Wholesale merchants: US tariff talk may force Mexican growers to sell elsewhere

Steve Tawa
June 05, 2019 - 3:50 pm
Jimmy Iovine

Steve Tawa/KYW Newsradio


PHILADELPHIA (KYW Newsradio) — As President Donald Trump's threatened tariffs on Mexico are about to kick in, merchants at the Philadelphia Wholesale Produce Market along Essington Avenue in Southwest Philadelphia are just about ready to throw tomatoes at Washington politicians. 

Jimmy Iovine, the primary produce buyer at the family-run Iovine Brothers Produce in Reading Terminal Market, frequents the produce market — which is bigger than 14 football fields — three to four times a week. For now, he's trying not to think about tariffs.

"I come to shop with the intention of selling and making sure that my customers have what they want," he said.

Customer satisfaction, he said, is his first priority. "Then, we work on price."

But supply and demand dictate what consumers pay.

"Tariffs may eventually raise the price of things," Iovine said. "But I truly believe that supply and demand will determine more prices than tariffs, unless it continues on for a long time."

If supply tightens because of tariffs, Iovine will definitely feel the squeeze.

"I won't sell something over a certain price, so I try to find a balance. But still, I might have to pass it on," he added.

Dan Vena
Steve Tawa/KYW Newsradio
Dan Vena, of John Vena, Inc., is a fourth-generation produce business owner — now celebrating its 100th year in business. 

Vena has an enormous avocado ripening room to cater to his clients, converting green, hard avocados — almost all of which are from Mexico — into whatever level of ripeness a customer or restaurant prefers to be guacamole-ready.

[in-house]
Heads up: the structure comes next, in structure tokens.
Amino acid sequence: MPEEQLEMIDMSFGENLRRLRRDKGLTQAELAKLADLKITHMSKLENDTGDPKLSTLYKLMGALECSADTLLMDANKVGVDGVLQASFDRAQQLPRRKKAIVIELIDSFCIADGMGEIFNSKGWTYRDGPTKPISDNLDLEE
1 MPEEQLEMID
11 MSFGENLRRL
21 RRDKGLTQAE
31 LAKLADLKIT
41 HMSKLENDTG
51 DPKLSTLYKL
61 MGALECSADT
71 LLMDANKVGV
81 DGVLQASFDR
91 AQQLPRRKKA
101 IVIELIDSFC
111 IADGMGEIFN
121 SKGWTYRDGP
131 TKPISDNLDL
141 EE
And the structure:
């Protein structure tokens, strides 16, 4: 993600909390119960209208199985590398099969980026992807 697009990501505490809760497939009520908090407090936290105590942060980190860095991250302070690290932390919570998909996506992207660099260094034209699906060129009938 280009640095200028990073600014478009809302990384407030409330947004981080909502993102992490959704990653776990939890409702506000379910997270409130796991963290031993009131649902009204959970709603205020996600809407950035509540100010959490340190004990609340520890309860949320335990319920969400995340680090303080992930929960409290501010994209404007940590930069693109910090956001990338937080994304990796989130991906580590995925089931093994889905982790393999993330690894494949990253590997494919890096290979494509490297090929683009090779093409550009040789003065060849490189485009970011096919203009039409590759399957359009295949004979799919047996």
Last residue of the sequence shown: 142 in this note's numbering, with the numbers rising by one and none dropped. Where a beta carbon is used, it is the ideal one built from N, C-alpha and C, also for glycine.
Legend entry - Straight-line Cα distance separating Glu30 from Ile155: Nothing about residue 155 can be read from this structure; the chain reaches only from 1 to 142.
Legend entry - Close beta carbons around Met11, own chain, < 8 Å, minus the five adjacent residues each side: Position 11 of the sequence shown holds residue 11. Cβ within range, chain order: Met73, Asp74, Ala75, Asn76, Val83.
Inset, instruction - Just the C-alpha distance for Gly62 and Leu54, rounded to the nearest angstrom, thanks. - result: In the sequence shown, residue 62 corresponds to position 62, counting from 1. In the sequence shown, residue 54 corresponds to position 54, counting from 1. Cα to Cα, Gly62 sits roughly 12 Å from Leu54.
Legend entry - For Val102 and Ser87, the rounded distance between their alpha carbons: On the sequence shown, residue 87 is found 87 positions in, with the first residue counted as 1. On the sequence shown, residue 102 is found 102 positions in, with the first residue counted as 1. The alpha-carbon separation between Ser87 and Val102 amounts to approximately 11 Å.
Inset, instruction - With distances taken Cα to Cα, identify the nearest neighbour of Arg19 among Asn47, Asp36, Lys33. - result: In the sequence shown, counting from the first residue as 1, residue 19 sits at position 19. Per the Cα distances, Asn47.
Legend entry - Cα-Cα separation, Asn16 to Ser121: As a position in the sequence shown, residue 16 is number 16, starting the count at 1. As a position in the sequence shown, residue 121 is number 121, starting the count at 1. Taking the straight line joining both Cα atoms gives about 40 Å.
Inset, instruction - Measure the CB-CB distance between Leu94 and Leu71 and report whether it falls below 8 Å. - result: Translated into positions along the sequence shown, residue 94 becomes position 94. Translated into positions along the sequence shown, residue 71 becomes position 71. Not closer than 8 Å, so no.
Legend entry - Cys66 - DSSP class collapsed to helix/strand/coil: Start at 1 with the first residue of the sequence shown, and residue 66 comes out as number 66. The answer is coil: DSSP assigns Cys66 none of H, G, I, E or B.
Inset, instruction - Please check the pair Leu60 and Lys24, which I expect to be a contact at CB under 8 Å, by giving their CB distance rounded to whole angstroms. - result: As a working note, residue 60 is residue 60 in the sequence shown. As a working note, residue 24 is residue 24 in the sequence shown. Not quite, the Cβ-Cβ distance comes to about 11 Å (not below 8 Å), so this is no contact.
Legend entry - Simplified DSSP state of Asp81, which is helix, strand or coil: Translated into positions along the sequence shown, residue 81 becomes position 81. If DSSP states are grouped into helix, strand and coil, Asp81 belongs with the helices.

"Fifty-two weeks of the year, we're selling Mexican products. We do think eventually the American people will be paying those tariffs," he noted.

He added that produce in general are commodities, and the prices are set by the markets.

"If the Mexican growers can't afford to send products here, because of higher tariffs — meaning higher prices to the American people — then they may chose to send it to Europe or Asia, in which case your supply would go down here, and prices would go up," he explained.

Tom Kovacevich's T.M. Kovacevich is one of the larger fruit merchants in the U.S.

"Honestly to us, it's tariff schmariff," he rebuffed. "It has no bearing on us."

His Mexican grapes are bottlenecked at the Nogales, Arizona entry border, where he says the Trump administration's policy has created too much red tape.

Tom Kovacevich
Steve Tawa/KYW Newsradio
"We have one grower that had 175,000 cases (of grapes) grown and shipped to the U.S. last night, but the border only let 65,000 cases through. So, only 30 truckloads out of 80 truckloads actually got across the border last night, from one grower," he said.

Kovacevich blames the shipping issue on a shortage of USDA inspectors and border patrol agents.

"Just recently, they closed four toll booths," he alluded to the border security booths. "A year ago, there were 10 opened."


Kovacevich expects tariffs will be eaten by the growers.

"If they do kick in, say a $20 item has a 5% tariff — that's an extra dollar. That dollar will not be borne by the American consumer, anyway."

He said the bottom line is "buyers will pay what the buyers can pay," and "growers will be battling for the sale." In time, Kovacevich said enough fruit will get across, and "that dollar will come out of the growers' pocket."